The Evocation Wizard’s Sculpt Spell ability allows the wizard to protect some creatures from their own evocation spells:
When you cast an Evocation spell that affects other creatures that you can see, you can choose a number of them equal to 1 + the spell’s level. The chosen creatures automatically succeed on their Saving Throws against the spell, and they take no damage if they would normally take half damage on a successful save.
Does the number of chosen creatures need to be exactly equal to 1 + the spell’s level, or can it be lower?
For example, if an evocation wizard casts Fireball, can they choose 1, 2, or 3 creatures to be protected from the spell, or do they need to select either zero or exactly 4 creatures?
Characters die from damage when their health is reduced below their negative Constitution score. However, some spells stabilize you when you would die. Can these spells save you from the massive damage rule?
For example, Shadow Endurance says:
If you are reduced below 0 hit points or rendered unconscious, shadow endurance immediately discharges, shunting your injured body into a hidden alcove on the Shadow Plane.
You immediately stabilize, but cannot awaken or take any further actions until the second duration expires.
Nine Lives does something similar:
Rejuvenate: The target uses this ability when it is reduced to 0 or fewer hit points. The target is instantly healed 3d6 points of damage. If enough hit points are regained to bring the target to positive hit points, it does not fall unconscious. If it is not enough to leave the target with positive hit points, the target automatically stabilizes. Both of these effects work even if the damage was originally enough to kill the target.
I have immunity to non magical fire. Nothing in the Azers description indicates that its ever present flames are magical. Am i therefore immune to its fire damage?
I’m playing a mid-level artificer (artillerist) who’s a disgruntled veteran with a missing limb who, disillusioned by the leaders’ willingness to send soldiers to their deaths, has retired from the army and opened a shop. An adventure hook has people steal his work-in-progress masterpiece and now I need to find a fitting item he was trying to create.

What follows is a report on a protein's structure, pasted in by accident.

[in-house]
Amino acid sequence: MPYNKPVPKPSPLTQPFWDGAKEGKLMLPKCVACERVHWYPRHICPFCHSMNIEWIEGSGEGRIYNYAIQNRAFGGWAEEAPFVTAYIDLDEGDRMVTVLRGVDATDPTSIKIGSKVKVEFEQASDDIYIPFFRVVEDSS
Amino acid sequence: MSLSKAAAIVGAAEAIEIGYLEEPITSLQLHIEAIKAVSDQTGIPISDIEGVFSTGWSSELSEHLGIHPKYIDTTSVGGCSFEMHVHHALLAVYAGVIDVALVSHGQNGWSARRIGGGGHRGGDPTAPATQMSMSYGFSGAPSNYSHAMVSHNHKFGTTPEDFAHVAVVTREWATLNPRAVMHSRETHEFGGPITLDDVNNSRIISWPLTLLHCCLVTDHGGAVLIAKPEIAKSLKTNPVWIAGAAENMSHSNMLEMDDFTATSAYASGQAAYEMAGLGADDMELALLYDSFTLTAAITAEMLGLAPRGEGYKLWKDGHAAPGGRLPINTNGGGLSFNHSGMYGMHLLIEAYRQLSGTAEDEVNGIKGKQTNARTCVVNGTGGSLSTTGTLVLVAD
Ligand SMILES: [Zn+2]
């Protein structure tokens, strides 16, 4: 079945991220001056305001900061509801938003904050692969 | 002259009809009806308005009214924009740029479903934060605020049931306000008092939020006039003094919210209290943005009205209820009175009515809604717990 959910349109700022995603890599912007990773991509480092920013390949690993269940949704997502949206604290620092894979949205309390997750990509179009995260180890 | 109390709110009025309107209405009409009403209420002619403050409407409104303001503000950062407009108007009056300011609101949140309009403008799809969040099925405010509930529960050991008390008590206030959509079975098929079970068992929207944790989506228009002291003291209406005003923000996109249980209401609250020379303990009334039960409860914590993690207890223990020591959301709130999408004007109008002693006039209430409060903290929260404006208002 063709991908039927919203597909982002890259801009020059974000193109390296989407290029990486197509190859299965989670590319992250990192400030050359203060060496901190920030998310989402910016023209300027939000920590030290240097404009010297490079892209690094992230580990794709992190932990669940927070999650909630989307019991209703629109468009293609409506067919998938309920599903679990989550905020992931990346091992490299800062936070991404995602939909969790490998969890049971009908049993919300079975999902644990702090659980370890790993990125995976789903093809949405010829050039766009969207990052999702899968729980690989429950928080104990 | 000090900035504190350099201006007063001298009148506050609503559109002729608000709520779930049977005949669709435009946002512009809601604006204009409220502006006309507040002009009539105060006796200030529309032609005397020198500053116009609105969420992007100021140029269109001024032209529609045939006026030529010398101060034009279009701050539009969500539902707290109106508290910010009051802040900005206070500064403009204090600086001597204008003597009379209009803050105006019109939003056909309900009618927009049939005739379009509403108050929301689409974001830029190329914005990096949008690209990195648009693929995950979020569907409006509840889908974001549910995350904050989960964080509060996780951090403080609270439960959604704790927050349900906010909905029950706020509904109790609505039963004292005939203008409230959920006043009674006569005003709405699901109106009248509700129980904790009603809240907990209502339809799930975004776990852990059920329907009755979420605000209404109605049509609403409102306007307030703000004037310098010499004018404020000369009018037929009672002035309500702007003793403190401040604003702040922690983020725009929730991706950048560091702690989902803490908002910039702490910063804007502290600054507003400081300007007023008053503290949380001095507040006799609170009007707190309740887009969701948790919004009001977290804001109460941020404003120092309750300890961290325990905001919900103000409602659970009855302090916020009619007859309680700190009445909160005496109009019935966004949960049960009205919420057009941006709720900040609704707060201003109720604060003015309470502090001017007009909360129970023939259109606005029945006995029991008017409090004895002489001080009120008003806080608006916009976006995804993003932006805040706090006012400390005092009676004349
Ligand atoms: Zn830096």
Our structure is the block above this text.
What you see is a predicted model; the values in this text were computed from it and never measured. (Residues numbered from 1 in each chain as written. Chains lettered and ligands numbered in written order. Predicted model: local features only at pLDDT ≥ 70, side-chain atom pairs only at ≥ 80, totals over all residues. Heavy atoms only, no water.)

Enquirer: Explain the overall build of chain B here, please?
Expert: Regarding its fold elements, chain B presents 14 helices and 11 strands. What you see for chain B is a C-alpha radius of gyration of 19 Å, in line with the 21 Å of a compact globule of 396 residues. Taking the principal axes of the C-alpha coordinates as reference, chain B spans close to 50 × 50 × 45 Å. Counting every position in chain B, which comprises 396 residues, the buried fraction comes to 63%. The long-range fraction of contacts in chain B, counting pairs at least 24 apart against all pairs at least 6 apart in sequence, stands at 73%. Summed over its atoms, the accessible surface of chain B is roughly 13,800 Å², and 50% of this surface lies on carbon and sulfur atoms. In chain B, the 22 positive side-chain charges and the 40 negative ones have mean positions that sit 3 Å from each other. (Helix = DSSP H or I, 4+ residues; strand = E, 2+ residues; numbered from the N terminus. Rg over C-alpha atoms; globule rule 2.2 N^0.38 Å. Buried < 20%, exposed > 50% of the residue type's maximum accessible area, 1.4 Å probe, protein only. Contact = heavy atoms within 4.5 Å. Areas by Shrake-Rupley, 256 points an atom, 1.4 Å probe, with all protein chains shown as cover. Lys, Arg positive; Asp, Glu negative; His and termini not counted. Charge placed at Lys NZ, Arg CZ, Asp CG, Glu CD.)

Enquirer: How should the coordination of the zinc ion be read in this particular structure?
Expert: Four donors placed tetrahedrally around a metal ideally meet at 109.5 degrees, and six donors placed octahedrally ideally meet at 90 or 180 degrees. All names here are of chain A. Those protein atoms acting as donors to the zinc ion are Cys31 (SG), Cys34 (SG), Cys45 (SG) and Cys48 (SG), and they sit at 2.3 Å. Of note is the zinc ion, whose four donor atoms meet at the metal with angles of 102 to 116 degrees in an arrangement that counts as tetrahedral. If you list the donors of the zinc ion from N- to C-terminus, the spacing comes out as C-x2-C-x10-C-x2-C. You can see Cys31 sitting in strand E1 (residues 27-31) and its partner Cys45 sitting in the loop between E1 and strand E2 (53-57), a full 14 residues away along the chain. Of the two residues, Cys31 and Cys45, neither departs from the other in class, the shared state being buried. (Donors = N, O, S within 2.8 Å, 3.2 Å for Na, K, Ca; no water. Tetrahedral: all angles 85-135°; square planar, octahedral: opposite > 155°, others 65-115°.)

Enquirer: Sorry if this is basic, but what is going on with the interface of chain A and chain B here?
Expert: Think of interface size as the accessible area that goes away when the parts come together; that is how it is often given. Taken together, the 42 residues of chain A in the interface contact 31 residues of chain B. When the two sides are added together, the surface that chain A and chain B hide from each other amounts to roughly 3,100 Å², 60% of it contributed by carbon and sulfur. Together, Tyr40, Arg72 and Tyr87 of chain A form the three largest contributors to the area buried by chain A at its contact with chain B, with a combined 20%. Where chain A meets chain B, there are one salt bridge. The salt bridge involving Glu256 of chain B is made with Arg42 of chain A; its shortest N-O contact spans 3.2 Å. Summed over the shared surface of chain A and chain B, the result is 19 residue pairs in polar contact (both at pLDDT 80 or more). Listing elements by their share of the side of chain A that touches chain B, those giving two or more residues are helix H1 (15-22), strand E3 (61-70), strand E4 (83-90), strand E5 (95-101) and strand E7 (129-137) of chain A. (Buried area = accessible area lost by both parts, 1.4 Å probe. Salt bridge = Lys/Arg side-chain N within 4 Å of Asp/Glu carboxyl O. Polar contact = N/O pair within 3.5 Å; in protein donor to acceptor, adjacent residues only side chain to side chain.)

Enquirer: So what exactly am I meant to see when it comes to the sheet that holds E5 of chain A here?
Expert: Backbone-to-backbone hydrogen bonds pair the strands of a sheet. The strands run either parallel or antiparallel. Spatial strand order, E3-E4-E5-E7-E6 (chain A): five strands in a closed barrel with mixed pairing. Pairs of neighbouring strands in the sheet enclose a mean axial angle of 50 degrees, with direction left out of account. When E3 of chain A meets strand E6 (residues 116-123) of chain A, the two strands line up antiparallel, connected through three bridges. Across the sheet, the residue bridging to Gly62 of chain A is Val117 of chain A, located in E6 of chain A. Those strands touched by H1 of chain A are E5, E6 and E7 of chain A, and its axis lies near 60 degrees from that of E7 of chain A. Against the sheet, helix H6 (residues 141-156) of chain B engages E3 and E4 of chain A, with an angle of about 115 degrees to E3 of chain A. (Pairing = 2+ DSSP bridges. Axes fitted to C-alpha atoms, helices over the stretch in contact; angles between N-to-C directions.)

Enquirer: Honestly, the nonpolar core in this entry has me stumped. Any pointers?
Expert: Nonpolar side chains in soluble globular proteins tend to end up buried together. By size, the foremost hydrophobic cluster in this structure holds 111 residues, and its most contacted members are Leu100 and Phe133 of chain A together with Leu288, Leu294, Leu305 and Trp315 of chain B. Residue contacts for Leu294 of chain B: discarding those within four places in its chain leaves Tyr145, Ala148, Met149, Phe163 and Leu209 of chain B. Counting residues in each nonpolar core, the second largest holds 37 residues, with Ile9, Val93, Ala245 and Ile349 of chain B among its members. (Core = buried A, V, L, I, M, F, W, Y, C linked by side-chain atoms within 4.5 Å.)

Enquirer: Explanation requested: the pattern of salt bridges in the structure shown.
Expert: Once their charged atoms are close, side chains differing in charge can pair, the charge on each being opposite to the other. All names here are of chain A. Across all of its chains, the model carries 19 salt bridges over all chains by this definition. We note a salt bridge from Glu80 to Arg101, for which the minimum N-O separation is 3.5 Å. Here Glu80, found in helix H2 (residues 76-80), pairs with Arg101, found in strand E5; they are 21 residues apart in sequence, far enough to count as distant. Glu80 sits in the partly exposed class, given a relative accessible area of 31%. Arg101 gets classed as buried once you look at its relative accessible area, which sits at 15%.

Because of this background, the item he would be most interested in would be something that helps ordinary soldiers without magic powers survive the horrors of the battlefield. It might be something that protects a group of people from hostile spells or something that provides healing to them, similar to the artificer’s Protector cannon.
- I am trying to find an officially published item before resorting to homebrew (UA is probably fine, as is basic refluffing)
- The DM has ruled that the item should be below legendary rank, so very rare at most
- I probably won’t be held to strict prerequisites such as being able to cast every spell going into the items myself, but the item should still basically fit the artificer flavour
- The item should be usable by someone who cannot cast spells
- The item should be able to affect a group, not just the carrier
- The item should be defensive in nature
My own research
I’ve gone through the "warding" and "healing" categories of magic items on D&D Beyond and found very little. There are almost no items that work on groups and those that do tend to be musical instruments or magic staves that need the user to be a spellcaster.
In general it seems that antimagic items aren’t really a thing in 5e. An item that can cast Antimagic Field on he regular would probably be in the legendary category and a Ring of spell Storing would again require a (powerful) spellcaster to be useful.
An ideal solution would be something like a banner of protection or an Eldritch Cannon: Protector that doesn’t need an artificer to be present. I’ve also considered something like a Ring of Regeneration, but that’s again a one-person item.
Nondetection says it hides the target from all divination spells. Invisibility hides you from normal sight. When combining both effects on one target, are they hidden from true seeing?
According to the Starfinder rules, the pressurized lungs biotech augmentation has the following effect:
"You can hold your breath for up to 1 hour and are immune to the normal environmental effects of being in a vacuum."
The rules on vacuums are as follows:
The void of space is effectively empty of matter, and this vacuum is perhaps the greatest danger of outer space. A creature introduced to a vacuum immediately begins to suffocate (see Suffocation and Drowning) and takes 1d6 bludgeoning damage per round (no saving throw). Because a vacuum has no effective temperature, the void of outer space presents no dangers from cold temperatures. A creature retains its body heat for several hours in a vacuum. Sound doesn’t travel in a vacuum.